Don’t drink and drone: New Jersey lawmakers seek crackdown on tipsy pilots
Assembly bill 5205 wouldn’t completely outlaw flying a drone while drinking. Operators who keep their blood alcohol concentration levels below 0.08 percent would not be in violation. Anyone caught with drugs in their system while flying a drone would be breaking the law, however.
Operating a drone while under the influence or taking drugs would result in a 6 month prison sentence or a fine of up to $1,000, or both. Intentionally flying a drone near prisons or other correctional facilities, or interfering with first responders, is considered more severe and would be punishable by a jail term of 18 months, a fine of up to $10,000, or both.
The bill also considers it an disorderly offense when piloting a drone to interfere with first responders, to help with hunting (“taking of wildlife”), or to violate a restraining order.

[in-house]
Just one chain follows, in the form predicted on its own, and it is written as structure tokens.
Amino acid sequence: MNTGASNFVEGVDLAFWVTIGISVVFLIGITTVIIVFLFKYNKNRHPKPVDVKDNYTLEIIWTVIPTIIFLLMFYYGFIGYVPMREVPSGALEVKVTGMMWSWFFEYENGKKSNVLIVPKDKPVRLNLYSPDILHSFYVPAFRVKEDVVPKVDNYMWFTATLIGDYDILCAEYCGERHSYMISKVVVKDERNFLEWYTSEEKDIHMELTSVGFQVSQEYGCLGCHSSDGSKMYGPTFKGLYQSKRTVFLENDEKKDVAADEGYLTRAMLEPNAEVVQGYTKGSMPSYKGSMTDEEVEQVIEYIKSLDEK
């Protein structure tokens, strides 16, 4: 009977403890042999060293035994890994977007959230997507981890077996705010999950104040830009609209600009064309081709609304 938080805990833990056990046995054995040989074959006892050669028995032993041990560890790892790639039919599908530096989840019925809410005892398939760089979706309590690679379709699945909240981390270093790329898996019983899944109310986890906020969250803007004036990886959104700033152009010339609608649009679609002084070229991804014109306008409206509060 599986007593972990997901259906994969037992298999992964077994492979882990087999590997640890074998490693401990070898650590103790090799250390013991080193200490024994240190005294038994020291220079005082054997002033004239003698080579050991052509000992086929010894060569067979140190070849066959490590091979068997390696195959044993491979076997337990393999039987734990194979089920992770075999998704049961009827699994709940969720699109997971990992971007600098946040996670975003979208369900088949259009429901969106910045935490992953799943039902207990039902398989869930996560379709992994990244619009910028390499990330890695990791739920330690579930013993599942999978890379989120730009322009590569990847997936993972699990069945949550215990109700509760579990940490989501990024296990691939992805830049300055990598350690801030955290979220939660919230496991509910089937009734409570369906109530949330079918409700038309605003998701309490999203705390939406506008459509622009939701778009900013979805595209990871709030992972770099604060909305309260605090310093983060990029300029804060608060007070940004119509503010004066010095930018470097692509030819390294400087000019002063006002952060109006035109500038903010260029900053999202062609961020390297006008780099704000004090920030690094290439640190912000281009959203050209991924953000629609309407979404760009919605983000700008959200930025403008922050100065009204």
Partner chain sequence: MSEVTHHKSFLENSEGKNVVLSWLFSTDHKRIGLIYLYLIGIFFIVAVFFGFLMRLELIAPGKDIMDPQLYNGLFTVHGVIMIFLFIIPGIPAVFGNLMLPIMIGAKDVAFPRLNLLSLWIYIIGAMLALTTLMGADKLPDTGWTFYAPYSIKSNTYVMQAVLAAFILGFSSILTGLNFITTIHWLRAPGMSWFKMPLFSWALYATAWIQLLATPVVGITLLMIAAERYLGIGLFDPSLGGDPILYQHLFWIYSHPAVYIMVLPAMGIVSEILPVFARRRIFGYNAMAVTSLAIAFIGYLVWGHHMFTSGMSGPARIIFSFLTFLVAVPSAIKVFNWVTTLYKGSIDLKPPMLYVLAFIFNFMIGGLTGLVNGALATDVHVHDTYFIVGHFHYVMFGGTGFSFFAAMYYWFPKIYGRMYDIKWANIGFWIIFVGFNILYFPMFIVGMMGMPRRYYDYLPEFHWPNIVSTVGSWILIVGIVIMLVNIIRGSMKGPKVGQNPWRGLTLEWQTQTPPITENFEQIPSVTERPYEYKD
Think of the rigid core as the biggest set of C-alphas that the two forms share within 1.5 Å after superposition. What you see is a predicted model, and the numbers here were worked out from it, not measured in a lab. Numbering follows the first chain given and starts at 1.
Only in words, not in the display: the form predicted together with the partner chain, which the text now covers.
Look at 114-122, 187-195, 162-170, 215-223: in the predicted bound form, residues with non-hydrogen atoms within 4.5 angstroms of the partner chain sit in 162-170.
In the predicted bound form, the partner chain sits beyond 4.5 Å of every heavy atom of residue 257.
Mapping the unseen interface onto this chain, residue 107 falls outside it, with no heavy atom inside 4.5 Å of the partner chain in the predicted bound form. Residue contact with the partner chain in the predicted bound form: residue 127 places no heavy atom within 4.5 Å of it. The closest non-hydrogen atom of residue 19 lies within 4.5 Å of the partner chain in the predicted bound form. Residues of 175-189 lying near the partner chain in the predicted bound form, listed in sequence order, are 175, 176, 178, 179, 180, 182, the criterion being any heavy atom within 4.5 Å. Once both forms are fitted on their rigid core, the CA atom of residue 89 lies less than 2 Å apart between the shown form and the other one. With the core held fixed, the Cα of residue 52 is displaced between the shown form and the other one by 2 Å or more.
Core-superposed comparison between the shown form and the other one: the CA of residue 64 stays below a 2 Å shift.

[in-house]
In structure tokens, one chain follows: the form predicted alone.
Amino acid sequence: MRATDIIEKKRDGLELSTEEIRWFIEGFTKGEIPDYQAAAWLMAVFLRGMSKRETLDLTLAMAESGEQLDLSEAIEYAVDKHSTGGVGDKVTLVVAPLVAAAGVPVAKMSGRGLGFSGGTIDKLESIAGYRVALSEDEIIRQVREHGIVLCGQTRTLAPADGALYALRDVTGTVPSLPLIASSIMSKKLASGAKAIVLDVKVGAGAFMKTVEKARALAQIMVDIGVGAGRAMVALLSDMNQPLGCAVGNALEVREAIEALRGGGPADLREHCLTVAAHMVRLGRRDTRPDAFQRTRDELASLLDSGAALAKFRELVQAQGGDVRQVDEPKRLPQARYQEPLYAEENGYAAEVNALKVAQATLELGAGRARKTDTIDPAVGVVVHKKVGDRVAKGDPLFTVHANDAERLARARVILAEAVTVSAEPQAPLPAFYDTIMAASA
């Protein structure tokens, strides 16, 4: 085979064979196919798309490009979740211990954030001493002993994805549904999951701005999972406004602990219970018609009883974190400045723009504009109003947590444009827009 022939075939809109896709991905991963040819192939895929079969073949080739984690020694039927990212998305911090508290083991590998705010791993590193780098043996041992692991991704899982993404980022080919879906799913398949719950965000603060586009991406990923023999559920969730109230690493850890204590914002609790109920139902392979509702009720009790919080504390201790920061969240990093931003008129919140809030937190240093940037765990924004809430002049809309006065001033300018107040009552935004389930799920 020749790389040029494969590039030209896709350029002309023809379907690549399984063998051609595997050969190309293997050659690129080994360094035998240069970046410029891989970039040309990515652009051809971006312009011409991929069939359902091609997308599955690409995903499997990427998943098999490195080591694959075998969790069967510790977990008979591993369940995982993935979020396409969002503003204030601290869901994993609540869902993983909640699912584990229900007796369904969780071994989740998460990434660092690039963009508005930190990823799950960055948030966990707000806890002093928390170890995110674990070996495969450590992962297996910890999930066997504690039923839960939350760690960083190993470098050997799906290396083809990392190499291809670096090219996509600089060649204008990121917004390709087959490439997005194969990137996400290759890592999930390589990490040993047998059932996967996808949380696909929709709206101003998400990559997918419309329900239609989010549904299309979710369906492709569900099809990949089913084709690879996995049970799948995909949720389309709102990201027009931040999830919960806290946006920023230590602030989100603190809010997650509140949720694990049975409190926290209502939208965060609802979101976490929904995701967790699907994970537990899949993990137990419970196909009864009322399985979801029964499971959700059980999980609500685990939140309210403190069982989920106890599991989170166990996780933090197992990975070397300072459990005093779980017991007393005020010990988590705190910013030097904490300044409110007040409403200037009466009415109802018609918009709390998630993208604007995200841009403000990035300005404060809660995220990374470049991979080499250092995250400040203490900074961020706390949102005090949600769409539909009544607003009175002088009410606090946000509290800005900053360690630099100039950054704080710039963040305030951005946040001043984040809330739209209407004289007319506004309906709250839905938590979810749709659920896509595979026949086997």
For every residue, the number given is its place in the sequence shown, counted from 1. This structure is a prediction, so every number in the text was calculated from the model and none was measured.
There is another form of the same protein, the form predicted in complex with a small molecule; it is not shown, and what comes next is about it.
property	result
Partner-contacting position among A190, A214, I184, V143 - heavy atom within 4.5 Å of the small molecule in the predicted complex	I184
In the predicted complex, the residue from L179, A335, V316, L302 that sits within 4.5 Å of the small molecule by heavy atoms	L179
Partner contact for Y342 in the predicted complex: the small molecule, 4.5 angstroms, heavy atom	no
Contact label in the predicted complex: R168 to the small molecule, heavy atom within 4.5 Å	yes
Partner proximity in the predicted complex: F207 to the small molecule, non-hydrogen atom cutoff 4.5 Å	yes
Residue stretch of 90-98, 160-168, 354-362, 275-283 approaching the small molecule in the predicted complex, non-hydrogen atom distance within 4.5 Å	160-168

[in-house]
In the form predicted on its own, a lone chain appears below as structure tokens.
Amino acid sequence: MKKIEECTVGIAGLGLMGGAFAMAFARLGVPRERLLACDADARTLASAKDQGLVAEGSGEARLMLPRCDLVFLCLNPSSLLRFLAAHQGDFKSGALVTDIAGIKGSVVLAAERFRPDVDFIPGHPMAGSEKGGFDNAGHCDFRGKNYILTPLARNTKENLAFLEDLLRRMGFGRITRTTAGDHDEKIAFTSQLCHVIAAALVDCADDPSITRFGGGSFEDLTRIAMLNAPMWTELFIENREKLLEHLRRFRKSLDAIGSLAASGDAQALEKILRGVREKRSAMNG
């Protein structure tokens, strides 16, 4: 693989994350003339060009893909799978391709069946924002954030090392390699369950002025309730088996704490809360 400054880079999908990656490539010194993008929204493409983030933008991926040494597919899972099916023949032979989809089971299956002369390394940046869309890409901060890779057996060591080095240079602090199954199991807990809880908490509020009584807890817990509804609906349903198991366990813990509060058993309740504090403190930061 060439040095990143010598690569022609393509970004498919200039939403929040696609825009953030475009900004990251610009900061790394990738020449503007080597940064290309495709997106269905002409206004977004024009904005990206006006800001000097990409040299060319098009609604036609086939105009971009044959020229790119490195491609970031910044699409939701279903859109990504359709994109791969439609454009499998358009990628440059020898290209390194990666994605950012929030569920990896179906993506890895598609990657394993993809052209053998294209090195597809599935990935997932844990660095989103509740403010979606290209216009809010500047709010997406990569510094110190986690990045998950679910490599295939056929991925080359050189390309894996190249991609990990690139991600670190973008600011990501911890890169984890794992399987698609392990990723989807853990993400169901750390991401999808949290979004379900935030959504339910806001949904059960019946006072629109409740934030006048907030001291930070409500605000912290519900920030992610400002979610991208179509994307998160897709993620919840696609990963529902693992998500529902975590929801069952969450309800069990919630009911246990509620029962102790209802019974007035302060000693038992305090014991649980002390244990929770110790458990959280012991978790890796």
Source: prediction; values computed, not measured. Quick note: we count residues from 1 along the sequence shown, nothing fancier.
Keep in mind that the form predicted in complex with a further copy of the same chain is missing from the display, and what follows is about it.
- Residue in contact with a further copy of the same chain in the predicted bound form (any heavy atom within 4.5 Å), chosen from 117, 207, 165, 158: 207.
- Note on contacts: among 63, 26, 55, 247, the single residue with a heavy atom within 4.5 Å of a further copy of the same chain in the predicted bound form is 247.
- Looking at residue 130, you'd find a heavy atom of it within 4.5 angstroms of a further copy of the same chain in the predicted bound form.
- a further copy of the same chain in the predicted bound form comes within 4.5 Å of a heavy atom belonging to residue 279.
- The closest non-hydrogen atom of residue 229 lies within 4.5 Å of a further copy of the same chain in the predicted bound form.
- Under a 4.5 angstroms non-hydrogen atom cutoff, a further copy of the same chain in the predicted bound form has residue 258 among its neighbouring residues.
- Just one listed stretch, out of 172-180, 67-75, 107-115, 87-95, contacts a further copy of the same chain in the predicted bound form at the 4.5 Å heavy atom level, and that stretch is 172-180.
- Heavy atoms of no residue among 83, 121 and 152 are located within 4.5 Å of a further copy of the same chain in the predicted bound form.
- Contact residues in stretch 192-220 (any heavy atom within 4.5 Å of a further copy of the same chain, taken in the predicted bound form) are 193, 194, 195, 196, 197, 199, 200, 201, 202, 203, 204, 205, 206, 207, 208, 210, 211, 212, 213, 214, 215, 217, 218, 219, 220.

The regulations on operating drones are part of a broader bill that would also require lifetime parole supervision for convicted sex offenders and pedophiles.
The bill was introduced on November 30 by two Democrats, Assemblywoman Annette Quijano and Assemblyman Vincent Mazzeo, supported by Republican Assemblyman Jon Bramnick. If Governor Chris Christie signs the bill before his term ends in January 2018, it would be the first law to regulate drones in New Jersey.
Law enforcement agencies across the US have been seeking heavier regulations for the use of drones. Police departments want to be able to identify and track all unmanned air traffic, saying it’s necessary to prevent collisions with aircraft which provide vital public services, such as air-ambulance helicopters.
In August, the Pentagon said that 130 military bases across the US were empowered to shoot down private and commercial drones that could endanger aviation safety or pose other threats.